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    Litigation Risk and Abnormal Accruals.
    research summary posted October 13, 2015 by Jennifer M Mueller-Phillips, tagged 06.0 Risk and Risk Management, Including Fraud Risk, 06.09 Litigation Risk 
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    Title:
    Litigation Risk and Abnormal Accruals.
    Practical Implications:

    The study contributes to the literature in several ways. First, the authors address potential endogeneity in prior studies by using a simultaneous equation (a two-stage instrumental variable) approach. The research design provides a better specified test of the relation between litigation risk and abnormal accruals, and enables the authors to draw inferences about the relation with greater confidence. Second, by estimating client-specific auditor litigation risk over 19892007, the authors are able to directly examine whether litigation risk decreased after the 1995 Act. Third, the authors are able to directly examine both dimensions of the litigation risk-abnormal accruals relation, as well as whether abnormal accruals is a factor that increases the likelihood of the auditor being involved in a lawsuit (the litigation likelihood effect).

    Citation:

     Boone, J. P., I. K. Khurana, and K. K. Raman. 2011. Litigation Risk and Abnormal Accruals. Auditing: A Journal of Practice & Theory 30 (2): 231-256.

    Keywords:
    abnormal accruals, auditor incentives, litigation risk
    Purpose of the Study:

    The relation between auditor litigation risk and earnings management is an important topic of interest for academics, regulators, and policymakers. In this paper, the objective is to better understand the relation between auditor litigation risk and abnormal accruals (earnings management). Specifically, the authors simultaneously address two distinct but related questions: (1) does litigation risk affect auditor incentives to restrain abnormal accruals, and (2) whether abnormal accruals increase the likelihood (risk) of auditor litigation.

    To control for endogeneity bias, the authors use a simultaneous equation methodology to examine the relation between abnormal accruals and litigation risk. By controlling for endogeneity, the study more clearly speaks to the issue of whether the auditor’s restraining influence on earnings managementto avoid future litigationis greater when the risk of litigation is higher (the litigation avoidance effect), and whether earnings management increases the likelihood of auditor litigation (the litigation likelihood effect).

    Design/Method/ Approach:

    The authors obtain their sample of Big N auditor lawsuits over the 19892007 period from Palmrose and Audit Analytics. The sample of auditor lawsuit companies is formed using merged Compustat annual industrial file and return files from the Center for Research in Security Prices (CRSP). The sample consists of 67 Big N lawsuits. Since a plaintiff can allege auditor wrongdoing in multiple years, the lawsuit sample consists of 146 alleged wrongdoing company-years.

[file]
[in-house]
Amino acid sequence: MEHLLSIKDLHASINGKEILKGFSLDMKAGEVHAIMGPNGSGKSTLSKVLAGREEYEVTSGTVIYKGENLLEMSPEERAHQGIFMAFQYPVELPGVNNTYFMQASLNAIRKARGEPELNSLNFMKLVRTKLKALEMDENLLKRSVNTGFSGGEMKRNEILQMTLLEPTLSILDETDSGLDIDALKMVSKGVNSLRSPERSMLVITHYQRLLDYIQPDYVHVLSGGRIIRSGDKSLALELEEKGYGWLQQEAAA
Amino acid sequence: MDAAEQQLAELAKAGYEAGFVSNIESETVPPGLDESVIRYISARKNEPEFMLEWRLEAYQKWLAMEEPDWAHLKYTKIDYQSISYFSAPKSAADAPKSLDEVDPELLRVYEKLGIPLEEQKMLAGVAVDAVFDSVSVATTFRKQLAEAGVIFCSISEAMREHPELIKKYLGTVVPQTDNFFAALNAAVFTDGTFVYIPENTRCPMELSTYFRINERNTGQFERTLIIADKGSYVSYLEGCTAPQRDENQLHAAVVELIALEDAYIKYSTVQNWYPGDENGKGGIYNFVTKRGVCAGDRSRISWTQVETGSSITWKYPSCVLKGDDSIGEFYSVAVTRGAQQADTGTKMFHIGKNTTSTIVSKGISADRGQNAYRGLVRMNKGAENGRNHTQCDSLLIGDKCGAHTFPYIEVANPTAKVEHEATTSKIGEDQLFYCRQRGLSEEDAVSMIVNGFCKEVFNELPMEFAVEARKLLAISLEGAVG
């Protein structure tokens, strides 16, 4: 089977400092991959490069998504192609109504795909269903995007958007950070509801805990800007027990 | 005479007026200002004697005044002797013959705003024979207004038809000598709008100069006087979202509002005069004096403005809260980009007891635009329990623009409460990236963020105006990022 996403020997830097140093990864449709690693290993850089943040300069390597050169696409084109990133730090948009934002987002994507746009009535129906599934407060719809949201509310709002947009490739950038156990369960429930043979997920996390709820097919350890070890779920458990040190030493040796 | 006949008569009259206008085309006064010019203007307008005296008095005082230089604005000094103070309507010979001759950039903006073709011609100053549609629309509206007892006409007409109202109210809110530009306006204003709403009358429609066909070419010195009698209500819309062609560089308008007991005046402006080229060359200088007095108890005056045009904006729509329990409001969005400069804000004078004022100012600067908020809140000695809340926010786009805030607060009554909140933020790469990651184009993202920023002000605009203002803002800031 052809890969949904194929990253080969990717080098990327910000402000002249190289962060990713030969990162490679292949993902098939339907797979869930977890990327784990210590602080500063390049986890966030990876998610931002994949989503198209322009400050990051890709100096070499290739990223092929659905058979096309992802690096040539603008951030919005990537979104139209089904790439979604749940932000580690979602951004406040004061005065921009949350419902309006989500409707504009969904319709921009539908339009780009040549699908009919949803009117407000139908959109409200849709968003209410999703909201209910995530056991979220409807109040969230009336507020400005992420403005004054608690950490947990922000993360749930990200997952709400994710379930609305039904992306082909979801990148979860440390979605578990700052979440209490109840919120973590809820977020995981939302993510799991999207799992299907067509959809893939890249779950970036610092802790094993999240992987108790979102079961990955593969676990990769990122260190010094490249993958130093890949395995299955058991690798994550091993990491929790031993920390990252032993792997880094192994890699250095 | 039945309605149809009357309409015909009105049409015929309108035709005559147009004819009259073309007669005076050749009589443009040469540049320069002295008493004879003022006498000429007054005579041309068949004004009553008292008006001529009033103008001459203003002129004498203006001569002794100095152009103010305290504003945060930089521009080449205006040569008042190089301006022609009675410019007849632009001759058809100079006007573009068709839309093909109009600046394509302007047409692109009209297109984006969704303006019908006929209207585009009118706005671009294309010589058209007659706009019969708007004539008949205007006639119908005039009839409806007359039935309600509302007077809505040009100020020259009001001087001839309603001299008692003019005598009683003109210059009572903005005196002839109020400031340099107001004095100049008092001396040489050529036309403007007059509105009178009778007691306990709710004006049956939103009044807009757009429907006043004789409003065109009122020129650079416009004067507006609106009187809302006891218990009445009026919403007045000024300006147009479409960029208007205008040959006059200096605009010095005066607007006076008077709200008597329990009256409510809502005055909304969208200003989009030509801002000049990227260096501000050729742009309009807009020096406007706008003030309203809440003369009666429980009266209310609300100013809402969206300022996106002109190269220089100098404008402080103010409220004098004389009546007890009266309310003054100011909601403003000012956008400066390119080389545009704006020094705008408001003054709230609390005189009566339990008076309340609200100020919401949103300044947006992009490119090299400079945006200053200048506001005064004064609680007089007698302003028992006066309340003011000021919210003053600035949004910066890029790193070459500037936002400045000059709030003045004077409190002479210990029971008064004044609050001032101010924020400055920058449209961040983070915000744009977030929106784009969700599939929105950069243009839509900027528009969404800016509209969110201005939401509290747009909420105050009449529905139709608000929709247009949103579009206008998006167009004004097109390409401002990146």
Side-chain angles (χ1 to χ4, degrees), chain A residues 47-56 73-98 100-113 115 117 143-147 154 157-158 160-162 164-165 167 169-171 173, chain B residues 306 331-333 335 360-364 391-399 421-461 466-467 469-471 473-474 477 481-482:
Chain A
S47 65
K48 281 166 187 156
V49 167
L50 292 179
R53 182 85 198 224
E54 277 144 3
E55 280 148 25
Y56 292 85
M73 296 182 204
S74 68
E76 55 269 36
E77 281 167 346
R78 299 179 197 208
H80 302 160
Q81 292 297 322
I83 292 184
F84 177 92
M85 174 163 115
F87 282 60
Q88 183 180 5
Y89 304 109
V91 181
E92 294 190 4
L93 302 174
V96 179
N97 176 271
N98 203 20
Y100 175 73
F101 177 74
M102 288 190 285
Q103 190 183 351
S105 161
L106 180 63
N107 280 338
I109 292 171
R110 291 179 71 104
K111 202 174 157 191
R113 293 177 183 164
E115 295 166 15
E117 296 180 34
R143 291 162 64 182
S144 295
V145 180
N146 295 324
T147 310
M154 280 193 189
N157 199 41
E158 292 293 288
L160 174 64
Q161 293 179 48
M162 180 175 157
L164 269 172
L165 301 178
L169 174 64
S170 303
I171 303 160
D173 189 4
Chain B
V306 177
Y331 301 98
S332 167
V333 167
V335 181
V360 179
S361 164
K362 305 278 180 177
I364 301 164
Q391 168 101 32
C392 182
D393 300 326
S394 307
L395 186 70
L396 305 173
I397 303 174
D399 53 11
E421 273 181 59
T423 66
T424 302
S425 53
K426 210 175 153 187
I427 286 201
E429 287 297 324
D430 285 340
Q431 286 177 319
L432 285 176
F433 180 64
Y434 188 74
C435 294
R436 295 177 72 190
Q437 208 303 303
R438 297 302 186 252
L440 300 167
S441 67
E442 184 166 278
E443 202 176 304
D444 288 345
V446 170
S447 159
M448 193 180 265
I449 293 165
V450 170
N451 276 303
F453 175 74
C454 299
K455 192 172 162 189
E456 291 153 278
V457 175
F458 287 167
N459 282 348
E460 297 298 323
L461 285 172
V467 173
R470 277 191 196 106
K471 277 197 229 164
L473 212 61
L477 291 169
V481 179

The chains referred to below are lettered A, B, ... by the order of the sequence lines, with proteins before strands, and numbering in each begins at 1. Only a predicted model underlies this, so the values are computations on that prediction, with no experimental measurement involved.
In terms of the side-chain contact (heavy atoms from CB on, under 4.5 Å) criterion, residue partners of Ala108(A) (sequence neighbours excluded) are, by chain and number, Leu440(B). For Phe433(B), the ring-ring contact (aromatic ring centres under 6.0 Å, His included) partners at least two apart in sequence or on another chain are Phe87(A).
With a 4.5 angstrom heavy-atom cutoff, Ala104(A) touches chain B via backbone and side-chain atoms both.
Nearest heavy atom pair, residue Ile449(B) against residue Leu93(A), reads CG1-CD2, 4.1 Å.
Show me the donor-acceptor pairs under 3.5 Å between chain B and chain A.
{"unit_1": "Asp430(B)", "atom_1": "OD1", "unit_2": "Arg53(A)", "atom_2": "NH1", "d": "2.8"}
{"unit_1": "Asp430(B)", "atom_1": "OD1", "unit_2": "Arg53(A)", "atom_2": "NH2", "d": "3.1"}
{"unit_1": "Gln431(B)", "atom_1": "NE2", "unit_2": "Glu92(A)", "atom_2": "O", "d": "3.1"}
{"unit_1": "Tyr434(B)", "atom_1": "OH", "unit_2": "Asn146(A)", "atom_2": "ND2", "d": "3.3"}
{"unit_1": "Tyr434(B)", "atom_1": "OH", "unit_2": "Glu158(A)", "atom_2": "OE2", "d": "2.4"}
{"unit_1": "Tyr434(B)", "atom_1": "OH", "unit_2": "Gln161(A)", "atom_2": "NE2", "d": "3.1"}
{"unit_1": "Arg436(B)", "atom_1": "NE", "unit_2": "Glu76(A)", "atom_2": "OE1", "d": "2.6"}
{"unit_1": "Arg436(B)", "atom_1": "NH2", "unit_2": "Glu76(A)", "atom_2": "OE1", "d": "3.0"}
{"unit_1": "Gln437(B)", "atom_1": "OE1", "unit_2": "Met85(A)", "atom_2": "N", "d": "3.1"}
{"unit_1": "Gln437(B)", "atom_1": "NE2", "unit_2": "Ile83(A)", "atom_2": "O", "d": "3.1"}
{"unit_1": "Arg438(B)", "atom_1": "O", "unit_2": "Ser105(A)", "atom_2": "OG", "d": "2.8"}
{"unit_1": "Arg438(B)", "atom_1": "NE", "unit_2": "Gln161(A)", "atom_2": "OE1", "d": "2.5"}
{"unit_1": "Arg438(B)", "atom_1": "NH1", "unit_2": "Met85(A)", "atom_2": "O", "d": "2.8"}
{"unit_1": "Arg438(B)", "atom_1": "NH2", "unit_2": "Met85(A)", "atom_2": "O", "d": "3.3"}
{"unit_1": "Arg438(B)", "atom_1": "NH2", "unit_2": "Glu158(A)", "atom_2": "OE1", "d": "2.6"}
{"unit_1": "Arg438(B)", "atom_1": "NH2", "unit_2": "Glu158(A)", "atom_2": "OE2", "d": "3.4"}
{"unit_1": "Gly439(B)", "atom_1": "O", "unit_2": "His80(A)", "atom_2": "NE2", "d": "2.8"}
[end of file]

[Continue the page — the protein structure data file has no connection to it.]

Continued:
Findings:
    • Negatively signed relation between client-specific auditor litigation risk (as an independent variable) and the abnormal accruals reported by the client.
    • Higher litigation risk lowers the auditor’s incentive to acquiesce to client demands for earnings management.
    • Auditors believe that information markets are not perfect, i.e., auditors believe that users of accounting information are either unable or unwilling to unravel the effects of earnings management.
    • The authors find evidence that abnormal accruals (as an independent variable) increases the likelihood of auditor litigation.
    • The findings suggest that despite the notion that Big N auditors are often sued more for their deep pockets than for their culpability for wrongdoing, there may be a link between abnormal accruals and litigation.
    • The results suggest that earnings management is related to litigation.
    • The results show that the client-specific auditor litigation risk decreased after the 1995 Litigation Reform Act.
    • The results suggest that the 1995 Reform Act did not have a direct, across-the-board effect in terms of increasing earnings management.
    • The findings suggest that the increase in abnormal accruals in the post-1995 Act time period occurred indirectly through the decrease in client-specific litigation risk.
    Category:
    Risk & Risk Management - Including Fraud Risk
    Sub-category:
    Litigation Risk